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HORNS A PLENTY: Big Sam's Funky Nation unleashes the furyat the Catalyst on Friday.

Music Calendar

September 8 - 15, 2010

Thursday | 9/9


Anyone who spends an extended amount of time working on a submarine is bound to have some twisted ideas of what constitutes fun. For Kim Nekroman, the founder and only consistent member of psychobilly trio Nekromantix, the eight years he spent 20,000 leagues deep with the Danish navy left him with several hundred new ways to play solitaire and an insatiable love for zombies, demons and all things horrific. Two decades, a few dozen tattoos and one coffin-shaped bass guitar later, Nekromantix is one the genre's best-loved acts and a staple of the local psychobilly crowd. Catalyst; $13 adv/$15 door; 8pm. (Curtis Cartier)


Stanley Jordan didn't invent the electric guitar playing technique known as tapping. But a lot of folks certainly think he perfected it. By using both hands to thump down on the strings of one, even two guitars at a time, Jordan turns his fret board into an extended keyboard and is able to execute mind-melting jazz scales that would be impossible with a pick. Though often pigeonholed as a freak talent spectacle and nominated for four Grammy Awards arguably on this basis, Jordan these days has scorned the mainstream music culture, instead choosing to hole up in Arizona and study musical therapy, only rearing his head for certain handpicked shows. We're honored. Kuumbwa; 7pm $25 adv/$28 door, 9pm $20 adv/$23 door. (CC)

Friday | 9/10


There's nothing small about Sammie "Big Sam" Williams. Besides the bruising heft of the man himself, the giant notes he blows on his trombone are practically visible as they leave the horn. As a member of the New Orleans ensemble Dirty Dozen Brass Band, its no wonder that a man like Williams can command a room to dance. What's slightly subtler is his ability to handpick a band. With Funky Nation, Big Sam has assembled an in-your-face cross-section of the Big Easy's myriad styles, fusing them together around a message of big-time fun. Catalyst; $12 adv/ $25 door; 9pm. (CC)

Saturday | 9/11


A poster boy of the Euro house and techno scene, Italian stallion Benny Benassi has been working the late shift on the ones and twos at some of the biggest clubs in the world for nigh on 20 years. When he rolls through Santa Cruz, however, it won't be in a tour bus, a party van or club girl-hoisted litter. Nope, Benny's coming on a fixie. Dubbed the "Benny Benassi Bike Tour: A Musical Ride Through California ... Without Breaks," the sojourn sees the DJ (and apparently avid cyclist) pedaling his big beat house breakdowns from San Fran to San Diego over the course of nine days with a planned 212 bikey friends to ride in support, and, we guess, carry his equipment. Catalyst; $32; 9pm. (CC)


It took decades to happen, but power-pop has finally made its way to the mainstream, or at least indie rock's first tier. Drawing inspiration from the Beatles (and number one Beatles fan Elliot Smith), Mini Mansions are beneficiaries of this popular reconsideration. The band is adept at turning out the kind of perfect confections that rarely make their way onto the pop charts nowadays. This is a notable achievement, as many alleged pop bands ape the moves of their teenage idols but are incapable of writing original hooks. Mini Mansions' ability to credibly do both suggests they'll be worth watching in the years to come. Crepe Place; $8 adv/$10 door; 9pm. (Paul M. Davis)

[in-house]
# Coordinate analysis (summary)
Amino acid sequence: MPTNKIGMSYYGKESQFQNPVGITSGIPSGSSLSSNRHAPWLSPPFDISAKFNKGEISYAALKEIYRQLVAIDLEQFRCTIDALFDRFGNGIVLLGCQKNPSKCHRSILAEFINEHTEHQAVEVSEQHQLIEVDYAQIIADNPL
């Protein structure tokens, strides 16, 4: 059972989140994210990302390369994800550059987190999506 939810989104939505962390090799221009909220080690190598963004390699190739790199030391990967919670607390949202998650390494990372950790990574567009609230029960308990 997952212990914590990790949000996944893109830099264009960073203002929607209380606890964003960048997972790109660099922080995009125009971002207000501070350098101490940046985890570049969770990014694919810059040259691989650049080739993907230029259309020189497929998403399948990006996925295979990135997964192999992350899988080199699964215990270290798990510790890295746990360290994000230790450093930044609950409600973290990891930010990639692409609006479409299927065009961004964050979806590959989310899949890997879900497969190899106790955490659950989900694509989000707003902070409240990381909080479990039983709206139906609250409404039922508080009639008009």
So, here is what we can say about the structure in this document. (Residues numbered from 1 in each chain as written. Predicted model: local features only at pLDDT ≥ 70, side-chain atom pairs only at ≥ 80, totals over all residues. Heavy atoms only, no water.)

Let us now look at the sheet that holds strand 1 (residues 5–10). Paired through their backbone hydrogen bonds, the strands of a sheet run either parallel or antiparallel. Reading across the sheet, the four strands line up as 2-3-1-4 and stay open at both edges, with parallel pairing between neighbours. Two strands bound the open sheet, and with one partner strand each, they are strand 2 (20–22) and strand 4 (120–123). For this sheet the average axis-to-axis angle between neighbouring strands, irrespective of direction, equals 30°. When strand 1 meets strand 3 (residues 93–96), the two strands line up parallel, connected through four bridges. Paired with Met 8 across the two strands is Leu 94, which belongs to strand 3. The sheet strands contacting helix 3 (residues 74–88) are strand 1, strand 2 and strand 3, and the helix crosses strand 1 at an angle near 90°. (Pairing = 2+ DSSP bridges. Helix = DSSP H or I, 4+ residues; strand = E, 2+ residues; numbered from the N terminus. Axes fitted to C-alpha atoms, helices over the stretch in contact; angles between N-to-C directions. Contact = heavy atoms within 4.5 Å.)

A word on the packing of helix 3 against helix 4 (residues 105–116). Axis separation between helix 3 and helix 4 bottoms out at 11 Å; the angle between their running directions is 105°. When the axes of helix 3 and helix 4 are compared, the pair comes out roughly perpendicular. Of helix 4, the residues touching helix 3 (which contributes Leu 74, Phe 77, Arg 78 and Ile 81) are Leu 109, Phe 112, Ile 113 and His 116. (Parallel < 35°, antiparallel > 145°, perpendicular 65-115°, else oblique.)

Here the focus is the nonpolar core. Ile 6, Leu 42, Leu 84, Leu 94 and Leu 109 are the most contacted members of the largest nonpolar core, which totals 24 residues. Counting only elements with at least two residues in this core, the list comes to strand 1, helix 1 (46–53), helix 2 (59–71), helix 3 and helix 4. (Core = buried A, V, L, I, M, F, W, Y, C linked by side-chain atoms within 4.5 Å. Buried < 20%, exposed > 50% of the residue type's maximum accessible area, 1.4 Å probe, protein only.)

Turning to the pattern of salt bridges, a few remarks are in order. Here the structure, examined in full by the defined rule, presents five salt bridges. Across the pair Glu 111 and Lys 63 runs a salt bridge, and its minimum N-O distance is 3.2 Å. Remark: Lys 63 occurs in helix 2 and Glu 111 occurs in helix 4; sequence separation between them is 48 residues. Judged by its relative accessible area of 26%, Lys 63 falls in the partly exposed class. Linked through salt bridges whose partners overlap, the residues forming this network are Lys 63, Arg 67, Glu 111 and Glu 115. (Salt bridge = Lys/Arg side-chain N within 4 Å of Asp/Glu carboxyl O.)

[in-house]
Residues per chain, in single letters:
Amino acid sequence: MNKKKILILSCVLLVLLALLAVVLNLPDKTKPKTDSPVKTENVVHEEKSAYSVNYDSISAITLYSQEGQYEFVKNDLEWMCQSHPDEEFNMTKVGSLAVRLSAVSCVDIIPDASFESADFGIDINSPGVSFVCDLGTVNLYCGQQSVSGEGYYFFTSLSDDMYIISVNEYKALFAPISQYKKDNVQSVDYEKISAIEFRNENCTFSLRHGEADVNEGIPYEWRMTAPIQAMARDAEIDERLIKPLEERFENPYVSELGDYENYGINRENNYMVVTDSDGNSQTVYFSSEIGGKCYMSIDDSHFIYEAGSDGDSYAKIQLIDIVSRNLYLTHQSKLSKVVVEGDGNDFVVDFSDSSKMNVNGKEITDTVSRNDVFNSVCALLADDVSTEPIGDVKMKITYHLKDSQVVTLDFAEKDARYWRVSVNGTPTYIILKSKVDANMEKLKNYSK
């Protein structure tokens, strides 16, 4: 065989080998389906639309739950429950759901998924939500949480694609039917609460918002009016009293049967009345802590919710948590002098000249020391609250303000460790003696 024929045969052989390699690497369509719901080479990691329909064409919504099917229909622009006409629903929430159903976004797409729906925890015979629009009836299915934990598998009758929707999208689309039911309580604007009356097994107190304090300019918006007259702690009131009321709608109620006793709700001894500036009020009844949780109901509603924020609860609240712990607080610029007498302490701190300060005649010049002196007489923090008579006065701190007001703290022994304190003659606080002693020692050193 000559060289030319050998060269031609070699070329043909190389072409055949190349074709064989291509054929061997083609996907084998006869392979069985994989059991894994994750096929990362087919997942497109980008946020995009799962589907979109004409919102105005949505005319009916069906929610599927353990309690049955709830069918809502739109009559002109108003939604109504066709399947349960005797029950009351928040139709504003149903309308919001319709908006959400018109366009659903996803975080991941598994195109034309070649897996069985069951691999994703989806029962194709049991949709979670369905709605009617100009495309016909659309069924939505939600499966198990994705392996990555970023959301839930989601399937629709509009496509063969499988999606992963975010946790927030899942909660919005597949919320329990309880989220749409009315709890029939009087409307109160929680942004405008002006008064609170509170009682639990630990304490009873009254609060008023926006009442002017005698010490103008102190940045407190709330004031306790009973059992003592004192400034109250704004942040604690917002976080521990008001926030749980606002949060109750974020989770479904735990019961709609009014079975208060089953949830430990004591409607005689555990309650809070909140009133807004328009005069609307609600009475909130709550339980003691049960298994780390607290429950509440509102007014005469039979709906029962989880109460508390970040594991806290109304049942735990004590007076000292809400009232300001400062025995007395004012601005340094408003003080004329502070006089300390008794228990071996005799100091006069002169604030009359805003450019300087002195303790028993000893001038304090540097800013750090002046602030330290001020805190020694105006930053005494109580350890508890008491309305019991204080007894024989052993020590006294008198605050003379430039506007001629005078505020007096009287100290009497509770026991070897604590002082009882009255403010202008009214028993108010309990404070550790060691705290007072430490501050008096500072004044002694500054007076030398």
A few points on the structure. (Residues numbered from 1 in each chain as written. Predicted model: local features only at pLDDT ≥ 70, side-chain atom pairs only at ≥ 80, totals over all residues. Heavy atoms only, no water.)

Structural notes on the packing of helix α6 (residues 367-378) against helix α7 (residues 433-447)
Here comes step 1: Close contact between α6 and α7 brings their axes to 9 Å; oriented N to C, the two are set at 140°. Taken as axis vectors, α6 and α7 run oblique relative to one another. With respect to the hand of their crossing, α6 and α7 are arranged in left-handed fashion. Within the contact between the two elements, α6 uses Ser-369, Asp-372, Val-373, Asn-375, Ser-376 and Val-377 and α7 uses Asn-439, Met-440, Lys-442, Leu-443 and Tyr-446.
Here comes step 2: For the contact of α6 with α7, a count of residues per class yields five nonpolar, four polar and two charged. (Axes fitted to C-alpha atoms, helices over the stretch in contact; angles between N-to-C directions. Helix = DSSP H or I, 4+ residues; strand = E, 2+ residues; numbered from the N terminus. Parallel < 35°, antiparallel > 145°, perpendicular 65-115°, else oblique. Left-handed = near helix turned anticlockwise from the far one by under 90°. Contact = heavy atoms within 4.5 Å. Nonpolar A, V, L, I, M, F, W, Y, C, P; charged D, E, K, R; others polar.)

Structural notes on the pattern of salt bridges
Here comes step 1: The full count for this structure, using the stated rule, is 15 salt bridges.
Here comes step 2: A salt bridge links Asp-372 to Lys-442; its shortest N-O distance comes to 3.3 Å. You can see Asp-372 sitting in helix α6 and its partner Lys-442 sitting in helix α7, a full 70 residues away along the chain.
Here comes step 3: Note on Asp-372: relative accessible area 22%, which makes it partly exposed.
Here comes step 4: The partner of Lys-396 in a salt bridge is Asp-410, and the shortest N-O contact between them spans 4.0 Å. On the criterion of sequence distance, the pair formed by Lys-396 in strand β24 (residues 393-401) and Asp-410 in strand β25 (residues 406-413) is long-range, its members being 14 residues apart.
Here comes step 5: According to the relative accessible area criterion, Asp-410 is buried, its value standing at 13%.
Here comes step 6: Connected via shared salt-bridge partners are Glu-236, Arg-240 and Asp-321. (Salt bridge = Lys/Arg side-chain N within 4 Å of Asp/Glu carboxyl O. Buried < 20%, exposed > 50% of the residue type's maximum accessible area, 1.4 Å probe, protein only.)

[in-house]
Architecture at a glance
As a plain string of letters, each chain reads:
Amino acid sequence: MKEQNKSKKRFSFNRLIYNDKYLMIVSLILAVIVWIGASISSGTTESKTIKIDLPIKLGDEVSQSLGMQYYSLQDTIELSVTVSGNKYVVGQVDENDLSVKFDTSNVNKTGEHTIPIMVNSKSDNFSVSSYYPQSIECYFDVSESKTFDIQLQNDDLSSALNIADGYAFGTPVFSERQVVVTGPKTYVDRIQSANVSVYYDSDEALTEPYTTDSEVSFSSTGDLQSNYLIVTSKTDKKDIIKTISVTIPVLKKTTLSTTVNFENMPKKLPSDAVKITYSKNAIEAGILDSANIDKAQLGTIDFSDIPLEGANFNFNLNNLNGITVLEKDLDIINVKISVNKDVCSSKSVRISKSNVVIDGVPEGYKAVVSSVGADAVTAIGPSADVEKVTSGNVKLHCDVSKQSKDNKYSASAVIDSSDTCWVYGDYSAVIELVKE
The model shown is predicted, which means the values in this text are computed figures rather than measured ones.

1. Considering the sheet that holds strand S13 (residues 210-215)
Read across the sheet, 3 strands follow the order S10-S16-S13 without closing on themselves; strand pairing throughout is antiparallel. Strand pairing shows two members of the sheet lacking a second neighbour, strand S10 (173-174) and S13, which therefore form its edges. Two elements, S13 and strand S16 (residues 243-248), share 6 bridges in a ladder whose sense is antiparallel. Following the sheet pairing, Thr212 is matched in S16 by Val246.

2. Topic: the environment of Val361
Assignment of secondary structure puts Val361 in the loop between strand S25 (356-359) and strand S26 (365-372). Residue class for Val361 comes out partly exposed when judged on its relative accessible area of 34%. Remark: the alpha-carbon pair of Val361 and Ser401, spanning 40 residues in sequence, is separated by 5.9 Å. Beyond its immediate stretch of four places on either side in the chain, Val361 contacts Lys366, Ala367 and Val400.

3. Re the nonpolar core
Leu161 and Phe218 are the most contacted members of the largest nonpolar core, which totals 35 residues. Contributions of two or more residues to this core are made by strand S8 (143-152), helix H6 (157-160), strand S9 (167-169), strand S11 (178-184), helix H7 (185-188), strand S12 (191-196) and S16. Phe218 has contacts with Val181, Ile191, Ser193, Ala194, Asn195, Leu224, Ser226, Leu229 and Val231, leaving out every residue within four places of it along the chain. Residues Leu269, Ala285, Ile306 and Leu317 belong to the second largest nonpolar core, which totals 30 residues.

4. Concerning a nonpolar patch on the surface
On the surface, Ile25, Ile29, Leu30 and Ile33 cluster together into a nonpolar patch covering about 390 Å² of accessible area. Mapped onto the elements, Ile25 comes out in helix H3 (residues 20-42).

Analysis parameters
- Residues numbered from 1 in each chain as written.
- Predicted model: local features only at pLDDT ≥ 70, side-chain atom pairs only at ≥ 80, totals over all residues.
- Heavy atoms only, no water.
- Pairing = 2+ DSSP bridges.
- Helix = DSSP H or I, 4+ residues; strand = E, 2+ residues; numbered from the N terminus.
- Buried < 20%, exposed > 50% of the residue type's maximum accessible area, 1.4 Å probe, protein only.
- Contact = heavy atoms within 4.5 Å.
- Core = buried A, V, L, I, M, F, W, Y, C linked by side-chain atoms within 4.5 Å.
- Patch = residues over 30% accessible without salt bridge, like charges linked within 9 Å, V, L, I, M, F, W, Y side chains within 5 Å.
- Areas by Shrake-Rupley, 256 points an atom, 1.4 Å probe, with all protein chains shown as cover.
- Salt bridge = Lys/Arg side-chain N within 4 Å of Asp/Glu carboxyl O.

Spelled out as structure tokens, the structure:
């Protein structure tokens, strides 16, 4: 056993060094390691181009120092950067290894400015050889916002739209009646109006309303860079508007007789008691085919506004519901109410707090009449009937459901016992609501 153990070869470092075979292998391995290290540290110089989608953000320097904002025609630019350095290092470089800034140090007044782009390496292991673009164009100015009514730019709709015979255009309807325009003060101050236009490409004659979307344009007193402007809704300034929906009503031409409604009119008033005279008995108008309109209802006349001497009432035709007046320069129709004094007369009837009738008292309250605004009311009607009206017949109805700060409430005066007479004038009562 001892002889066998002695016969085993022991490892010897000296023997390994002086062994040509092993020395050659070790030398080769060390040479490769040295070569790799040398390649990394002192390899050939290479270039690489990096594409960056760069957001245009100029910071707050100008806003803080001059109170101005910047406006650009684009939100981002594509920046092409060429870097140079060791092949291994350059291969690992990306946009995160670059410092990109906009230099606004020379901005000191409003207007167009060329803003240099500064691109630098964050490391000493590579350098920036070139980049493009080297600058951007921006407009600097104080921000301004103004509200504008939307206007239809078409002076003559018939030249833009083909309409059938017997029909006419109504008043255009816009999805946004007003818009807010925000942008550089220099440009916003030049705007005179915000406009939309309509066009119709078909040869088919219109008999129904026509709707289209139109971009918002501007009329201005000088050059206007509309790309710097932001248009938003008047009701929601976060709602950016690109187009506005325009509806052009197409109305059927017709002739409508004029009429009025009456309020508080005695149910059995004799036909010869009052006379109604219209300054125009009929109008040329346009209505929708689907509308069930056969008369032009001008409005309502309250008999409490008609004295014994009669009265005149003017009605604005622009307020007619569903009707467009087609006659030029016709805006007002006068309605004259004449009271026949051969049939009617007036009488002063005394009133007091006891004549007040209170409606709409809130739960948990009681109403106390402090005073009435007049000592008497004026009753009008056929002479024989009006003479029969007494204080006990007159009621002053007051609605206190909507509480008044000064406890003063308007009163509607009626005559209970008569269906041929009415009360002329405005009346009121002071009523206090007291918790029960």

Sunday | 9/12


Long before Led Zeppelin play-acted pagan rituals for record label marketing portfolios, Shawn Phillips was the real deal: a '60s folk singer as notable for his eccentric gait and mystical obsessions as his music. Yet it was his musical style that was the truly remarkable piece of the equation, an amalgam of folk, jazz, progressive rock, pop and classical that few have had the temerity to attempt. He now resides in South Africa, roughly as far away from his birthplace of Fort Worth, Texas as one could conceivably get. Don Quixote's; $12; 7pm. (PMD)

Tuesday | 6/14


To hear Ryan Bingham sing, you'd think he was 100 years old. His sound would never give him away: a voice scraping over concrete is a signature of old age. His thematic content doesn't give the game up either, but in this case weariness and death don't translate to arthritis and memory loss. He's a 29-year-old who makes critics feel he's seen too much and lived too long, winning a Grammy for his Crazy Heart theme "The Weary Kind." He grew up fast after a hardscrabble childhood and a youth spent being thrown by bulls, and the acceleration dropped his songwriting off 70 years into his emotional future. Bingham's sound haunts like a modern ghost, the perfect complement to the Dead Horses' melodies. Rio Theatre; 7:30pm; $21. (Kate Jacobson)

Wednesday | 9/15


With the market flooded with folk music, how does one woman with a guitar compete with all the other women-guitar duos? Similes can't do Eliza's voice justice. But at times it sounds like molasses poured over thunder, and you can feel it your diaphragm, in your throat. But realistically, it's an interesting voice and good lyrics that brings success, same as always, and this native Texas girl has got it good. Its what she does with that voice and the words she lingers over that make her interesting. Sometimes it sounds like its going to be ordinary, and then she goes deep and it isn't anymore. Don Quixote's; 7:30pm; $18 adv/$20 door. (KJ)


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